• Oils, including vegetable oils and oils in food, such as seafood and nuts

In addition, the guidance around added sugars, saturated fat, sodium, and alcoholic beverages remains unchanged.

  • Limit added sugars to less than 10 percent of calories per day starting at age 2. Infants younger than age 2 should avoid foods and beverages with added sugars
  • Limit saturated fat to less than 10 percent of calories per day starting at age 2
  • Limit sodium to less than 2,300 milligrams per day, and even less for children younger than age 14
  • Generally speaking, the consumption of alcoholic beverages should be limited. Adults of legal drinking age who choose to drink alcoholic beverages should limit intake to 2 drinks or less in a day for men and 1 drink or less in a day for women. Some adults should refrain from drinking alcohol altogether, including women who are pregnant.

Opportunities for Science of Food Professionals

According to the 2020 Food and Health Survey conducted by the International Food Information Council, consumer familiarity with the Dietary Guidelines has increased from 23% in 2010 to 41% in 2020. As awareness continues to increase, it is likely that consumers will continue to seek foods and beverages that benefit health.  Professionals in the science of food have a critical role in helping consumers achieve a healthy dietary pattern by developing healthy options.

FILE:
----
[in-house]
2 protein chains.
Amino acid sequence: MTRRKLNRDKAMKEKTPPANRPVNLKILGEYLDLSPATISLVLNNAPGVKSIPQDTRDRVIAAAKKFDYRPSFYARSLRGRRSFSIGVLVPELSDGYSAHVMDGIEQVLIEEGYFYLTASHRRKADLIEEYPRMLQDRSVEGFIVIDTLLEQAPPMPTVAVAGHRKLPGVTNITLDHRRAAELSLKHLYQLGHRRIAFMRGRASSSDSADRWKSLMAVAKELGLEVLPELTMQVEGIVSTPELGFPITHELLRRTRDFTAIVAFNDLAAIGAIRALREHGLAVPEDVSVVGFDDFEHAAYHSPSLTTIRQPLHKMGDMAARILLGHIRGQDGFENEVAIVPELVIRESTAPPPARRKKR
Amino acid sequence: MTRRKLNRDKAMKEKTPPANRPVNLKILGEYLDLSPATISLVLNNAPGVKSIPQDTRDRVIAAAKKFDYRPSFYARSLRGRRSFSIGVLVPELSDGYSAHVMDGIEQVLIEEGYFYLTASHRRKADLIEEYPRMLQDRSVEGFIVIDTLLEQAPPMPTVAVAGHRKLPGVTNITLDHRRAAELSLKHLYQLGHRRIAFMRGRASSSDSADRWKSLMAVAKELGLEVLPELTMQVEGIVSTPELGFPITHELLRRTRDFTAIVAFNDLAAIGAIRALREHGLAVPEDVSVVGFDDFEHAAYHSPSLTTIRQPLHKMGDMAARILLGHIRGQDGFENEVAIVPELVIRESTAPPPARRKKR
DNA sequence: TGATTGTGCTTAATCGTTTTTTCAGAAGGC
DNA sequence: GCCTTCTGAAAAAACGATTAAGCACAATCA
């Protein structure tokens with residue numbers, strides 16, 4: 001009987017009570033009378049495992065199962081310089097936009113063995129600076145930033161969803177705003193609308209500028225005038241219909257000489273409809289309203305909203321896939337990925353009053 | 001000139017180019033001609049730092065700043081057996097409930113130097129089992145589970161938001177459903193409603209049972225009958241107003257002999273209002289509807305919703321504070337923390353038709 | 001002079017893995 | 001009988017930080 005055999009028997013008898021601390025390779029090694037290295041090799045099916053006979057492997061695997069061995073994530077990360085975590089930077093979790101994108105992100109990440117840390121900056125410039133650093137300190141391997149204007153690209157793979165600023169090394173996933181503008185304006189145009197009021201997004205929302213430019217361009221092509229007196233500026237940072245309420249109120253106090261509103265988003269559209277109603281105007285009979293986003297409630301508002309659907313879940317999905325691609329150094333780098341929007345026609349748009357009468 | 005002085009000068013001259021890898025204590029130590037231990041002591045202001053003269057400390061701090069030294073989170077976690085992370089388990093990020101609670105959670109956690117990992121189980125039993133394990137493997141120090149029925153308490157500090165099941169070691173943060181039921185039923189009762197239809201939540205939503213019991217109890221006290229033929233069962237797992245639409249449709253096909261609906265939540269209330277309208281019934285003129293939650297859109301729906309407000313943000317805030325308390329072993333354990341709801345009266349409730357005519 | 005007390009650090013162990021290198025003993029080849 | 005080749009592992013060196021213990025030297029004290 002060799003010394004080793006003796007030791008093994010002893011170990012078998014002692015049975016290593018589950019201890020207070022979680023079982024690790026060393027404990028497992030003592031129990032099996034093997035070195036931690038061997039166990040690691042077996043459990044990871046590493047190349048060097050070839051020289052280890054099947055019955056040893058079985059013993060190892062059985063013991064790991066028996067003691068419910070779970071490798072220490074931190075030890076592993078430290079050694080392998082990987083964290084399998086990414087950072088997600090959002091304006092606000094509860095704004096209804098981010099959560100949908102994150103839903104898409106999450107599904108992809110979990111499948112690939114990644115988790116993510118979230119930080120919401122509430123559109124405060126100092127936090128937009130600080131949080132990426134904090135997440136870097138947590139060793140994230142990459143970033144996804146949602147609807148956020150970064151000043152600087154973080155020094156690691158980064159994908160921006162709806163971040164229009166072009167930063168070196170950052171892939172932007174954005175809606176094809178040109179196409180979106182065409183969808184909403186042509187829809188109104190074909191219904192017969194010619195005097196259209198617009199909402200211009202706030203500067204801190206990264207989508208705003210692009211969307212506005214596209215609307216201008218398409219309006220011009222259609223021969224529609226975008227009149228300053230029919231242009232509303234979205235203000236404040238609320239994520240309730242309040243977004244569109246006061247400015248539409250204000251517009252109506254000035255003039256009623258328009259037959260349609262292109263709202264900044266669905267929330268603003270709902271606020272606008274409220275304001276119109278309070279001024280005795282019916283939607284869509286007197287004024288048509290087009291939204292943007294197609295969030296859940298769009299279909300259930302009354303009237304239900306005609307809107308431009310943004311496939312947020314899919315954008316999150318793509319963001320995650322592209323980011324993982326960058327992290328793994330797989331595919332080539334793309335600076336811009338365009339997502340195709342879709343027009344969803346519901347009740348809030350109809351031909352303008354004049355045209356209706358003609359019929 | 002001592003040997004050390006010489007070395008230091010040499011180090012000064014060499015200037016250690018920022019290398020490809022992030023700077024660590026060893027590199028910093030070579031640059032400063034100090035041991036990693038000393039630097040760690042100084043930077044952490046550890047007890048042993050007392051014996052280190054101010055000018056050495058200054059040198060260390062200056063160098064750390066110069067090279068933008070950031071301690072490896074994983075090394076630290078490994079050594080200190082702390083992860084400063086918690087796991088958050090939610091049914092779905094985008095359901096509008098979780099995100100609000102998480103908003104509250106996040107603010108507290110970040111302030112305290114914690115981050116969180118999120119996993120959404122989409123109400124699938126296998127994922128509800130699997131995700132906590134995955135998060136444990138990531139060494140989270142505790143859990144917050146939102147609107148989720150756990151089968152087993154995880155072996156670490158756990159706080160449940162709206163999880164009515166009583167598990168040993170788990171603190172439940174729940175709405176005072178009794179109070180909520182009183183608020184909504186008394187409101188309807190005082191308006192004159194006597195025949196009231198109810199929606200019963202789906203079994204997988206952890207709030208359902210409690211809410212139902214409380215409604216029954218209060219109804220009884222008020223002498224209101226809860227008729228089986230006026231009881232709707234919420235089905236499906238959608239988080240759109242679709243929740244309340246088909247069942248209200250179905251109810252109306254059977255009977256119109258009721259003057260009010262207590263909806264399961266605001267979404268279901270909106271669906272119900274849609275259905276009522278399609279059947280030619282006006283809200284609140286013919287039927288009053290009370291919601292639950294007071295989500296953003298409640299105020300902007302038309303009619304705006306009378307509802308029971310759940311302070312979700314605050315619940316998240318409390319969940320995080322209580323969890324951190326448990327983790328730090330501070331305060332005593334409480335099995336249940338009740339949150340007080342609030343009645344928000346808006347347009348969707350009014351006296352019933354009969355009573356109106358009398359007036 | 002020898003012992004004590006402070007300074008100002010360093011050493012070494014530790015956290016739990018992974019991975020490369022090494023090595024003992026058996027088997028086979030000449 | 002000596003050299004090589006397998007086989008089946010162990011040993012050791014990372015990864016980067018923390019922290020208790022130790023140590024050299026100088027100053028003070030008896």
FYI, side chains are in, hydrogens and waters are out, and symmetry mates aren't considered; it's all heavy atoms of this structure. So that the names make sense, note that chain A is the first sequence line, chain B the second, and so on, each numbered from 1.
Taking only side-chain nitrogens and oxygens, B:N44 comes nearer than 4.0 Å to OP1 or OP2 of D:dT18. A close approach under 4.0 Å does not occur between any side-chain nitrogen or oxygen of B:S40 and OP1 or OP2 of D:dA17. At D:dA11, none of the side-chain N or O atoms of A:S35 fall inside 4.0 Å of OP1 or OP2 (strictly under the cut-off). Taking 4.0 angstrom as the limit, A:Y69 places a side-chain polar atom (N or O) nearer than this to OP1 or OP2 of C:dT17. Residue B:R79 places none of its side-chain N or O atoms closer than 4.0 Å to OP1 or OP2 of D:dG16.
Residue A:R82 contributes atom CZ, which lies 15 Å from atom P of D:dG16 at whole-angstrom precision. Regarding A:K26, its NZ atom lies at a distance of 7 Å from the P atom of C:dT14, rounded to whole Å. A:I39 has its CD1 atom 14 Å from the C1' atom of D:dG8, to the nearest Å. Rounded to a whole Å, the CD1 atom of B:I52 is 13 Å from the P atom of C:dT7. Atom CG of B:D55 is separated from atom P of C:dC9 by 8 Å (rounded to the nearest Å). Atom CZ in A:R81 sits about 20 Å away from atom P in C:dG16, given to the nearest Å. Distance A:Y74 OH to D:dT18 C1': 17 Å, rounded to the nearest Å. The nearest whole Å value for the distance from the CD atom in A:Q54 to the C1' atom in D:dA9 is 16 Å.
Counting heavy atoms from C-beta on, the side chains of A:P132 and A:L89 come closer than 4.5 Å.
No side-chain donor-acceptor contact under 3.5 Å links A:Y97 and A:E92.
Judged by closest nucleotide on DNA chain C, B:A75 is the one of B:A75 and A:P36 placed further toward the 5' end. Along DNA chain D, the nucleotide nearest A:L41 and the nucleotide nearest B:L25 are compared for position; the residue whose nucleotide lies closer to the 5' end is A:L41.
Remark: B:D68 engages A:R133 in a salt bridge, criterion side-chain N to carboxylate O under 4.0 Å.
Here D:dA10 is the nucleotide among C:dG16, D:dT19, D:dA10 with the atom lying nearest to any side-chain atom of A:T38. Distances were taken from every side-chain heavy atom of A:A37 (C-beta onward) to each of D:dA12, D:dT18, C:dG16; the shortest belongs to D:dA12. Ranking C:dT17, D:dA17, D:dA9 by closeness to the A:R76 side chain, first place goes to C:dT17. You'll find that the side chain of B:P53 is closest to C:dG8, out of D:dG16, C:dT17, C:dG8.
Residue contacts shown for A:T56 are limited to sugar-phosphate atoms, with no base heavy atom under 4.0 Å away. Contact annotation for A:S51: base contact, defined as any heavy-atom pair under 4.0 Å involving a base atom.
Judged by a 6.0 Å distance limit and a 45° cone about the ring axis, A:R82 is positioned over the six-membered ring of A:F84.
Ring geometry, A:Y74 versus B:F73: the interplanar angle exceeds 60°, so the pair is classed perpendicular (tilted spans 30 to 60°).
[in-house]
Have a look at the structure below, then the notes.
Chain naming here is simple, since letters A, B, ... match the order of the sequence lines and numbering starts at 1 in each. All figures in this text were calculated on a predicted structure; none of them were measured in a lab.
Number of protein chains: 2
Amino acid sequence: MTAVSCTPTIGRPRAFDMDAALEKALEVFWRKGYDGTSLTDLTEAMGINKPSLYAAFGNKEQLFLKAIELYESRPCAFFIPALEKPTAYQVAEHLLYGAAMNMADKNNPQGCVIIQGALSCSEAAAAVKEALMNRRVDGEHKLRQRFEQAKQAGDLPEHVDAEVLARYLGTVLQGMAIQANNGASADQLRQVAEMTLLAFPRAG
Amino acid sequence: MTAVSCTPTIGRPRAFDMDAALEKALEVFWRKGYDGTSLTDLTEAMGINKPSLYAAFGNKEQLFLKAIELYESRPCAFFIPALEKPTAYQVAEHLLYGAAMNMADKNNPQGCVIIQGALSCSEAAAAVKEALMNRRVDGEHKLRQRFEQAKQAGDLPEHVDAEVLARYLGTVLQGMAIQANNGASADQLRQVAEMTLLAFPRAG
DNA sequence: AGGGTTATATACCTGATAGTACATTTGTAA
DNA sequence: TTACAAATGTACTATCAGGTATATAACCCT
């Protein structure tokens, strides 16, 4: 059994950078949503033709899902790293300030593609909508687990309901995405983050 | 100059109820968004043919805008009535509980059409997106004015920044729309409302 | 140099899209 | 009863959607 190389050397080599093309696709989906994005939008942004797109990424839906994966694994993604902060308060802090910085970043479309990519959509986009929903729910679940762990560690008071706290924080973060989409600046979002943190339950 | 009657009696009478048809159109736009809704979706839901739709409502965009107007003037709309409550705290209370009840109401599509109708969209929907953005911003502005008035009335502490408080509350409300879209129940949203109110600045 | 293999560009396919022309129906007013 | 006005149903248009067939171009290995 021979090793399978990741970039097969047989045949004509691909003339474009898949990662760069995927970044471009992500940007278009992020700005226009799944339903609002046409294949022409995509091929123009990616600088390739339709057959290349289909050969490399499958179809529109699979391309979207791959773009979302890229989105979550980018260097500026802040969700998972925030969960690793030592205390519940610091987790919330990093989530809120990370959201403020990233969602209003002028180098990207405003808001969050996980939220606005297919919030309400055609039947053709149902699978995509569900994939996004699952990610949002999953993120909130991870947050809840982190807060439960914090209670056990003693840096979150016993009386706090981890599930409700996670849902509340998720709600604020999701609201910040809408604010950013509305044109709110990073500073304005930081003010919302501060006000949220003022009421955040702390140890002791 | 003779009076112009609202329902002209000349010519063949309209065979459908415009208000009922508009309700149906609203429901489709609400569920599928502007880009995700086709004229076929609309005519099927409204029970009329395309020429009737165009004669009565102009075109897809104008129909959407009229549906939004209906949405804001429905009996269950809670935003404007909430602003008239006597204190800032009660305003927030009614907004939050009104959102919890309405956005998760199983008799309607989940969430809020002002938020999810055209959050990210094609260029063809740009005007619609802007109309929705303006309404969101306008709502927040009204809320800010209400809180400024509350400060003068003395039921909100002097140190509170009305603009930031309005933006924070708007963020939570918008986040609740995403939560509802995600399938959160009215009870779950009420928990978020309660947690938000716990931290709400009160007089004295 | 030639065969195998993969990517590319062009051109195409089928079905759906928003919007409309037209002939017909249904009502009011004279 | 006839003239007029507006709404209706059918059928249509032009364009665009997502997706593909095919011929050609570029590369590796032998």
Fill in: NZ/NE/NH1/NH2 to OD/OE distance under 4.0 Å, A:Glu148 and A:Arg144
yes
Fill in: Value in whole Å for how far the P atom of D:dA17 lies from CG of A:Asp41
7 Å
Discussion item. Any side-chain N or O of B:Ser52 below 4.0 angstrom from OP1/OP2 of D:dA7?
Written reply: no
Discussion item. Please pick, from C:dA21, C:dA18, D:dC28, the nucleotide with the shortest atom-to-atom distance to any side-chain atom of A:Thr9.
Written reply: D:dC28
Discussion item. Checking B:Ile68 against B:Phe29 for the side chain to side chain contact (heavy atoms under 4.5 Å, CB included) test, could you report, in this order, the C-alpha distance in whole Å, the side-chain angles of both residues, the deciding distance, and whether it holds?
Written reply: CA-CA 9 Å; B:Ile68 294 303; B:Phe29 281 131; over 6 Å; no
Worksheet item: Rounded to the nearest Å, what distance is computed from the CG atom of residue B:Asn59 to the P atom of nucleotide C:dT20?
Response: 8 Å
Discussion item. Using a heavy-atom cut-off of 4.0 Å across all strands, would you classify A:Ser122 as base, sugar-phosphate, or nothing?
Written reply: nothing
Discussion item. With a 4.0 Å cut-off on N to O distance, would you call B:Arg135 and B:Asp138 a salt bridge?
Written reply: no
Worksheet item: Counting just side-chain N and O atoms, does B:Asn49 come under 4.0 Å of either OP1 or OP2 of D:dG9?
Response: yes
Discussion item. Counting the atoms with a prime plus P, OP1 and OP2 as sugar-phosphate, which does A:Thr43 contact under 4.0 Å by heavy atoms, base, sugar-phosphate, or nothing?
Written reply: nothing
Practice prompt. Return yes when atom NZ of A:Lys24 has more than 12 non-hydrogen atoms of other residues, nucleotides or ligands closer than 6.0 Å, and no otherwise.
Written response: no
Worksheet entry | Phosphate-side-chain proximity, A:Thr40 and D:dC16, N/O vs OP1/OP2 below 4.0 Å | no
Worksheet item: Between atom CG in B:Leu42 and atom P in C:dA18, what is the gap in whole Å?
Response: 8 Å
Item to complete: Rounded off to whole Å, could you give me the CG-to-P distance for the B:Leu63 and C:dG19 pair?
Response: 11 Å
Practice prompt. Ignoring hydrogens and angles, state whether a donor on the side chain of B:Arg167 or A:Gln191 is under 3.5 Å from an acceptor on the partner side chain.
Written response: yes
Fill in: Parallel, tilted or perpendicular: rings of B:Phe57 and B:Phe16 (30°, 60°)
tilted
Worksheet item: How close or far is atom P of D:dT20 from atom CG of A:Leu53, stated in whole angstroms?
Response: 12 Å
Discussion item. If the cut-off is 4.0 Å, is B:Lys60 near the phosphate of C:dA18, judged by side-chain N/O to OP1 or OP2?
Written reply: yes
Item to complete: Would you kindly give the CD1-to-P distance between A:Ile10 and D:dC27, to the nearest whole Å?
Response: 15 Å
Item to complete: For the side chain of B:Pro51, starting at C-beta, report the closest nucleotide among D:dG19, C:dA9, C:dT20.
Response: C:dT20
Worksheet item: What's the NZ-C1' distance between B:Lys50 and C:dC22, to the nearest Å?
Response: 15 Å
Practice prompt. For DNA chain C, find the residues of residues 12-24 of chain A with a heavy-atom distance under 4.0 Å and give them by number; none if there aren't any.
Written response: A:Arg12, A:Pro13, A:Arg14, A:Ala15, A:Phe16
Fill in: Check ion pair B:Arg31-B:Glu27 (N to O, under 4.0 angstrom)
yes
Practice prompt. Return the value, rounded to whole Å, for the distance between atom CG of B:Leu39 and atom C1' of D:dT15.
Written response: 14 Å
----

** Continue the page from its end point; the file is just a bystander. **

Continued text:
The Dietary Guidelines recognize the evolution of food and beverage products in the marketplace due to public health concerns.  The new guidelines encourage focusing on the entire food or beverage product, rather than individual nutrients or ingredients, while developing a new product or reformulating.  The life stage approach also provides opportunities to develop and reformulate nutrient-dense food and beverage products that could be part of a healthy dietary pattern that individuals choose to adopt for themselves and/or their family to meet the unique needs of each life stage.

Helpful Resources

The Dietary Guidelines for Americans, 2020-2025, along with frequently asked questions and additional resources, are available online. To help people establish a healthy eating pattern aligned with the Dietary Guidelines, the USDA also offers various references, resources, and tools on its MyPlate website

The Nutrition Facts label on packaged foods is a valuable tool for people to use to help make more informed decisions about the nutritional content of foods they plan to purchase and eat. The Nutrition Facts label clearly identifies the number of calories and amount of added sugars, saturated fats, dietary fiber, sodium, and other nutrients and food components in each serving of food. For more information on how to use the Nutrition Facts label, check out our toolkit.


 U.S. Department of Agriculture and U.S. Department of Health and Human Services. Dietary Guidelines for Americans, 2020-2025. 9th Edition. December 2020.

International Food Information Council. “2020 Food & Health Survey.” June 9, 2020.


About the Author

Farida Y. Mohamedshah, MS, CNS, is the former director, nutrition science, food laws and regulations for IFT and currently senior vice president, scientific & regulatory affairs for the National Confections Association ([email protected]).